“We managed to predict the 2020 recession and financial crisis about one year and a half before it materialized, and thanks to that prediction we were engaged by the G20 presidency in 2020 to discuss our views on the global economy during that year,” explains Rosa. “In 2018, we were reflecting over the lessons learnt from the Global Financial Crisis, in its tenth anniversary, and we realized that some of the elements that had led to the market crash of 2008-09 were presenting themselves again. That is, the fragility of the macro-financial system was increasing, and we thought it could reach a tipping point, which someone calls Minsky Moment, in 2020.” Rosa and his team expected a shock to trigger a global recession and financial crisis worse than that of 2008. On this occasion, the shock was exogenous to the financial environment, unlike in 2008, and came from healthcare. “In all this, the most relevant aspect was not the nature of the shock, which could have been exogenous or endogenous; but the underlying fragility of the system, which we could detect from 10 different angles.”
The company also has tailored research made specifically for clients, typically from the private equity space, who seek a macro-financial and geopolitical due diligence before proceeding with acquiring an asset in a certain context, as it could have been the Russian healthcare sector or the Italian private diagnostics.
All of these would not have been possible without the brilliant team backing R&R. Each team member has the same blend of strong academic background, policy experience, and private sector experience. “We decided not to go behind the “twitterisation” of research, by which even complex issues should be discussed in 140 characters. Our research papers are deep and take as much space as necessary to provide enough arguments to support our thesis, which may be out of consensus,” says Rosa. “At the same time, each piece starts with a one pager summarizing the key findings with bullet points and a “killer chart.” All these elements make R&R’s research a unique blend of expertise and insights. After all, my name is the name of one of the most sought-after wines in Italy, Brunello di Montalcino. When you drink Brunello, you know it’s top quality.”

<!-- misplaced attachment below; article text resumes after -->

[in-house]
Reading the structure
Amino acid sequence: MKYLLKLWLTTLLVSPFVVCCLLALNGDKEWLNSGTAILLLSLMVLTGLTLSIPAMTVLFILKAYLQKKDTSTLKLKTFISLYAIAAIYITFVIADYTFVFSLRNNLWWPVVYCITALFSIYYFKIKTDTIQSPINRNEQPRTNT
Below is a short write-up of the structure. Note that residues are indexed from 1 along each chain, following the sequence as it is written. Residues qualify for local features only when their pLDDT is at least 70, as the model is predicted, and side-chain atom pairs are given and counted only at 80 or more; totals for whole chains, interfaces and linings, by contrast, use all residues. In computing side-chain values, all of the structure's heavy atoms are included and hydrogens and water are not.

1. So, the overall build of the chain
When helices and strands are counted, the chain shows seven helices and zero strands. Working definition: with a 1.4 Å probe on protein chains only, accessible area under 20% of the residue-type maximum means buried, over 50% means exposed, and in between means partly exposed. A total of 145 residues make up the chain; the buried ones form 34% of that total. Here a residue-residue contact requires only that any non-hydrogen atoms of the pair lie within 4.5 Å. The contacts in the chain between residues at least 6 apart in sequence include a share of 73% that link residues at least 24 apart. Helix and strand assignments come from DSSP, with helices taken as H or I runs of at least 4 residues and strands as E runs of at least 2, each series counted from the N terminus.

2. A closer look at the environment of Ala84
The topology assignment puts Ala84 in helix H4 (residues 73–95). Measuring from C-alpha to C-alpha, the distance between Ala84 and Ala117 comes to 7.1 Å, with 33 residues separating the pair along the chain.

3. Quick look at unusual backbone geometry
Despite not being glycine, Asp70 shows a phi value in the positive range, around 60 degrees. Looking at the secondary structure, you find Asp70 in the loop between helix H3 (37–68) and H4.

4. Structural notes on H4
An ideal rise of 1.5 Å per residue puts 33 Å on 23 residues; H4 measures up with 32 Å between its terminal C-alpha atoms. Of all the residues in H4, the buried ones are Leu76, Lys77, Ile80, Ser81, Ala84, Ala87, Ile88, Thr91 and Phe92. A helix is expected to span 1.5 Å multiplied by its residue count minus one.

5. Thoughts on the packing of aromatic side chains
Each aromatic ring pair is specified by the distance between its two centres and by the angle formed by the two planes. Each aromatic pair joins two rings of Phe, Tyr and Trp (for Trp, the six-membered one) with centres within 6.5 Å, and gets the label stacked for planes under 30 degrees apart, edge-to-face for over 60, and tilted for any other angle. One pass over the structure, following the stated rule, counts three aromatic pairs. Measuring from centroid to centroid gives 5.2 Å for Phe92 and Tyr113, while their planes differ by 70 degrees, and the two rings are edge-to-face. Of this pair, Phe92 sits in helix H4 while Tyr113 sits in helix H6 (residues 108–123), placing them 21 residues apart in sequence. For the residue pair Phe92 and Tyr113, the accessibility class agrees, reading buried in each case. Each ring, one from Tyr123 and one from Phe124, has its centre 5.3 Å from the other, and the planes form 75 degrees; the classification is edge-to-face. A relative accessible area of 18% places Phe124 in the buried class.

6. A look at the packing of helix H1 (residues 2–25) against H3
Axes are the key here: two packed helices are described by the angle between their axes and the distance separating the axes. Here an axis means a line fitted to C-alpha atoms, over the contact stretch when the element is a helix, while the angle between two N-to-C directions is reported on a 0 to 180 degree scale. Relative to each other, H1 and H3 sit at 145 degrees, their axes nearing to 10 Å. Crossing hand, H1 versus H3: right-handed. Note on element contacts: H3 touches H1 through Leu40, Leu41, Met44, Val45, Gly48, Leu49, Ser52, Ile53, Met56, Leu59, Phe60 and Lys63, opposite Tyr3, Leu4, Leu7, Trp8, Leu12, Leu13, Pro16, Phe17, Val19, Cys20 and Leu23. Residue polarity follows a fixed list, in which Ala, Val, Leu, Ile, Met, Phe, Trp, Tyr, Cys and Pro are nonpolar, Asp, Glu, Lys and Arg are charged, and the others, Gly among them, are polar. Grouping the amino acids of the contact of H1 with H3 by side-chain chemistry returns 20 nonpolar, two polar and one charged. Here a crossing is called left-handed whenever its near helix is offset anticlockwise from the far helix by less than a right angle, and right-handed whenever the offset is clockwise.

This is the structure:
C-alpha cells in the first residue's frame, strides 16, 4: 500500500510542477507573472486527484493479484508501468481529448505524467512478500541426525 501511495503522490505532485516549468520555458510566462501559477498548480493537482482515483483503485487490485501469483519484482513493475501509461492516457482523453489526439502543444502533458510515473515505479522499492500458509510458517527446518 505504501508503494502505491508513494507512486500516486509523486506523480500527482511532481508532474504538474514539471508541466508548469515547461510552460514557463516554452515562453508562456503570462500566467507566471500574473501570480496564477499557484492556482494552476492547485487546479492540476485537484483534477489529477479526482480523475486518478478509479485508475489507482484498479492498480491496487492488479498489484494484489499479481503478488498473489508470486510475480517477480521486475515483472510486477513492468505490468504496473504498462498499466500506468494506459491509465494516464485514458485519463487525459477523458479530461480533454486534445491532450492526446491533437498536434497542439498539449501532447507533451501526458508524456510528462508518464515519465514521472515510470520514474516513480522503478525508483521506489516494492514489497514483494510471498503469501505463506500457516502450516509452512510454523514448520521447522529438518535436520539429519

For the days to come, R&R is planning to focus closely on the intersection point between finance, technology, and geopolitics, which can be represented by the introduction of central bank digital currencies (CBDCs) by the major central banks in the world, being in emerging markets or developed economies. “We are uniquely positioned to do this as we can leverage on our very long experience in following central banks around the globe, the policy innovation they have introduced and what else they may be doing in coming years, for example in terms of severely negative interest rates, once cash will be virtually disappeared,” says Rosa. “But the introduction of CBDCs means that central banks enter, even more so than currently, in the cyber space, which is the domain in which geopolitical wars are currently fought, i.e. cyberwarfare. Especially as some CBDCs can be read as an instrument to project a country’s influence on entire regions. With the Chinese e-CNY being the primary example.”